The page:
All inmates and staff at Tennessee prisons will be tested for COVID-19 starting next week after 1,299 inmates and 50 staff tested positive at the Trousdale Turner Correctional Center in Hartsville. It’s the largest known outbreak at a single facility in the entire state.
The private prison, which is owned by CoreCivic, conducted mass testing this week, with help from the Tennessee National Guard and the Tennessee Department of Correction, after 93 inmates and 12 employees tested positive.
The state has declined multiple calls to test all inmates. Instead, officials have taken a “tiered approach” — first screening individuals who report symptoms and then scaling up testing if there’s a suspected outbreak.
Now, more than 20,000 state prisoners and employees will be tested for the virus.
“Knowing the extent of the virus’s spread within our correctional facilities is critical as incarcerated individuals remain one of the most vulnerable populations during this pandemic,” Gov. Bill Lee said in a statement. “Thanks to our increased capacity, we’ll test all inmates and staff statewide in order to take appropriate actions to safeguard the health of these vulnerable individuals.”
The state’s Unified Command Group will coordinate with the state Department of Correction, Department of Health and the Tennessee National Guard, along with TDOC’s healthcare and contract providers to conduct mass testing at the 10 prisons managed by the state. CoreCivic will be responsible for testing its own inmates, but will receive supplies and extra staffing from the Tennessee National Guard.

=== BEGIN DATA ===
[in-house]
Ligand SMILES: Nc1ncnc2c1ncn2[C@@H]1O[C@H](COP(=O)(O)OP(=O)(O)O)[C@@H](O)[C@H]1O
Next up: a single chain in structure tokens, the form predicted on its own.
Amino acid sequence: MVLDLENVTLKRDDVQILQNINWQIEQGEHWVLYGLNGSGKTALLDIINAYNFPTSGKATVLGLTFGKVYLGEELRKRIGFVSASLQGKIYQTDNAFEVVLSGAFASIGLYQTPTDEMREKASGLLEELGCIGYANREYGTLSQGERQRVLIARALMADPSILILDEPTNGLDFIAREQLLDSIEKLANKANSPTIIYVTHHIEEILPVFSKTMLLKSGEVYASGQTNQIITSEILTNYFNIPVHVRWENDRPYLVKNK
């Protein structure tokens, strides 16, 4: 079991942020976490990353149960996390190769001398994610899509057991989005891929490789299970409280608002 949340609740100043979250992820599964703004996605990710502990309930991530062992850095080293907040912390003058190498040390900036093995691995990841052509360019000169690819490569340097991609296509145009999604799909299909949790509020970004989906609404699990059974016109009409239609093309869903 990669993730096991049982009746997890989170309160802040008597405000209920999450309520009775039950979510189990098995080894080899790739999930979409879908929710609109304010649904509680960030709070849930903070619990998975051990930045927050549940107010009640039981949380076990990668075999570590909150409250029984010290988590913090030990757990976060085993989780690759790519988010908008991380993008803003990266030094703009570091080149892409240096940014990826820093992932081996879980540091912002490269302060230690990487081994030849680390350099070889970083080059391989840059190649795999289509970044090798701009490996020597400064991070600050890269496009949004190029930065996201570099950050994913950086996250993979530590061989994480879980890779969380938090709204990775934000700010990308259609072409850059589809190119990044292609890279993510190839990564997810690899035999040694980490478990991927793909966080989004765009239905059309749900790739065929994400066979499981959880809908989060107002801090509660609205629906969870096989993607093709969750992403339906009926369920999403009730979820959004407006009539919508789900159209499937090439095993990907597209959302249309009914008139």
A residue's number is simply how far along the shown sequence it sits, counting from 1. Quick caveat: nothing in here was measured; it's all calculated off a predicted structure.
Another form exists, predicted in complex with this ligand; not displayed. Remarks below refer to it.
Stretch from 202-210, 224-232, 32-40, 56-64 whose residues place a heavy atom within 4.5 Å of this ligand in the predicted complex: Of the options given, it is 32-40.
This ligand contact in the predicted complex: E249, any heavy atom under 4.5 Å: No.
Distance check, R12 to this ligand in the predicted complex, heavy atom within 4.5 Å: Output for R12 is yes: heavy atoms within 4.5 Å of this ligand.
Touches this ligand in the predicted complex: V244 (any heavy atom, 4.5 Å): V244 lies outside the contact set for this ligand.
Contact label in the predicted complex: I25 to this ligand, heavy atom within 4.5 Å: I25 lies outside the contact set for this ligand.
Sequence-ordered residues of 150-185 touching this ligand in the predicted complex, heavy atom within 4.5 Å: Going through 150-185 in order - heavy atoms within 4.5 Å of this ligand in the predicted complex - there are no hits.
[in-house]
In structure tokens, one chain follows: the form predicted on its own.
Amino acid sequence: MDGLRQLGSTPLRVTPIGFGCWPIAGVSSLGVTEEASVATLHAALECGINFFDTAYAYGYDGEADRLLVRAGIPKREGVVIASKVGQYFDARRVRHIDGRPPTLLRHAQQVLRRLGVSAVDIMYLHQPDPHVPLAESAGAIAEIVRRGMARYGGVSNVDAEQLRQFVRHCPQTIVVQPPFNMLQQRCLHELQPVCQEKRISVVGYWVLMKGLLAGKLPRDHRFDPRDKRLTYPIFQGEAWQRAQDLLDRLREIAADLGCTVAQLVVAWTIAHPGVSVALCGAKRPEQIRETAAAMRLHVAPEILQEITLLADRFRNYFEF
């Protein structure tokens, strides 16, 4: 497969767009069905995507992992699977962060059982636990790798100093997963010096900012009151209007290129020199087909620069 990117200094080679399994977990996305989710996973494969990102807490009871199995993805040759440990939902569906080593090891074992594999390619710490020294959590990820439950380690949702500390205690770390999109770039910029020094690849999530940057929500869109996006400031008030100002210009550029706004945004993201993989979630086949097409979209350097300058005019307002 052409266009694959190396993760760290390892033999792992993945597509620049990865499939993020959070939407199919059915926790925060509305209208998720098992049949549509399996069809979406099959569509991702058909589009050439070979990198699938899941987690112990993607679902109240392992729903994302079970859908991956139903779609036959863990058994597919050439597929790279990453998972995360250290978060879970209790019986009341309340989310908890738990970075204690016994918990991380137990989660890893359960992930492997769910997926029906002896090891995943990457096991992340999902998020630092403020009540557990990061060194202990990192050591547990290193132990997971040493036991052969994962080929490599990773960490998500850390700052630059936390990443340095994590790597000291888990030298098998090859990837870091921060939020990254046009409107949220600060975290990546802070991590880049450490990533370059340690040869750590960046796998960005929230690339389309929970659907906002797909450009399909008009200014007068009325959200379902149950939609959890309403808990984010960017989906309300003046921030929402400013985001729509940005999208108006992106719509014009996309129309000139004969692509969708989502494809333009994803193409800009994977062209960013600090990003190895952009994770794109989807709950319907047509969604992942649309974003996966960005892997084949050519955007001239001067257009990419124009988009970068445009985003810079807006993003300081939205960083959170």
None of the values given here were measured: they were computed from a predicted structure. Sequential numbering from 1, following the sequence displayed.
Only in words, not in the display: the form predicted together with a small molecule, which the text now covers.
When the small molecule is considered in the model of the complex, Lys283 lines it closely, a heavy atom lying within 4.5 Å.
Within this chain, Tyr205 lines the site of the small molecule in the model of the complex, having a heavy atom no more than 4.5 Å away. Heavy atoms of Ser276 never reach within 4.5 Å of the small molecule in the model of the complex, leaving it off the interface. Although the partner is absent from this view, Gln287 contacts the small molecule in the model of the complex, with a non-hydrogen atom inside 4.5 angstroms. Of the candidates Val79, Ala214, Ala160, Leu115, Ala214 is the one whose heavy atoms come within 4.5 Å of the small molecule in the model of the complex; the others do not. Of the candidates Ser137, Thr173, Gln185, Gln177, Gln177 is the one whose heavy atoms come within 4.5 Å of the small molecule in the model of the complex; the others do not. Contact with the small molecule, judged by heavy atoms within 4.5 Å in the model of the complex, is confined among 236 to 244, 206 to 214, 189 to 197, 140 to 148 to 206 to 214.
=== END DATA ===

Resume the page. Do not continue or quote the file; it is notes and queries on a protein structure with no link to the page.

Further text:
Trousdale Turner is only the second prison in the state to test all of its prisoners. Bledsoe County Correctional Complex tested all 2,322 of its inmates last month, and 583 inmates were positive.
The next-largest outbreaks are at the Turney Center Industrial Complex, which has reported 40 cases on its two campuses, and the Northwest Correctional Complex, where 40 inmates have also tested positive.
The Morgan County Correctional Complex has still not tested a single prisoner, and the rest of the state’s correctional facilities have only tested a handful of inmates.
Both the Department of Correction and CoreCivic have said in press releases that the majority of inmates who tested positive at the prisons with the two largest outbreaks were asymptomatic when screened. However, the Centers for Disease Control reports that individuals who didn’t initially seem sick can start showing symptoms several days after testing positive for the virus.
Because most prisons have only tested inmates who complained of symptoms up to this point, the scope of spread within the state’s correctional facilities could be much larger than is currently known.
This post was updated at 2:48 with new numbers from CoreCivic.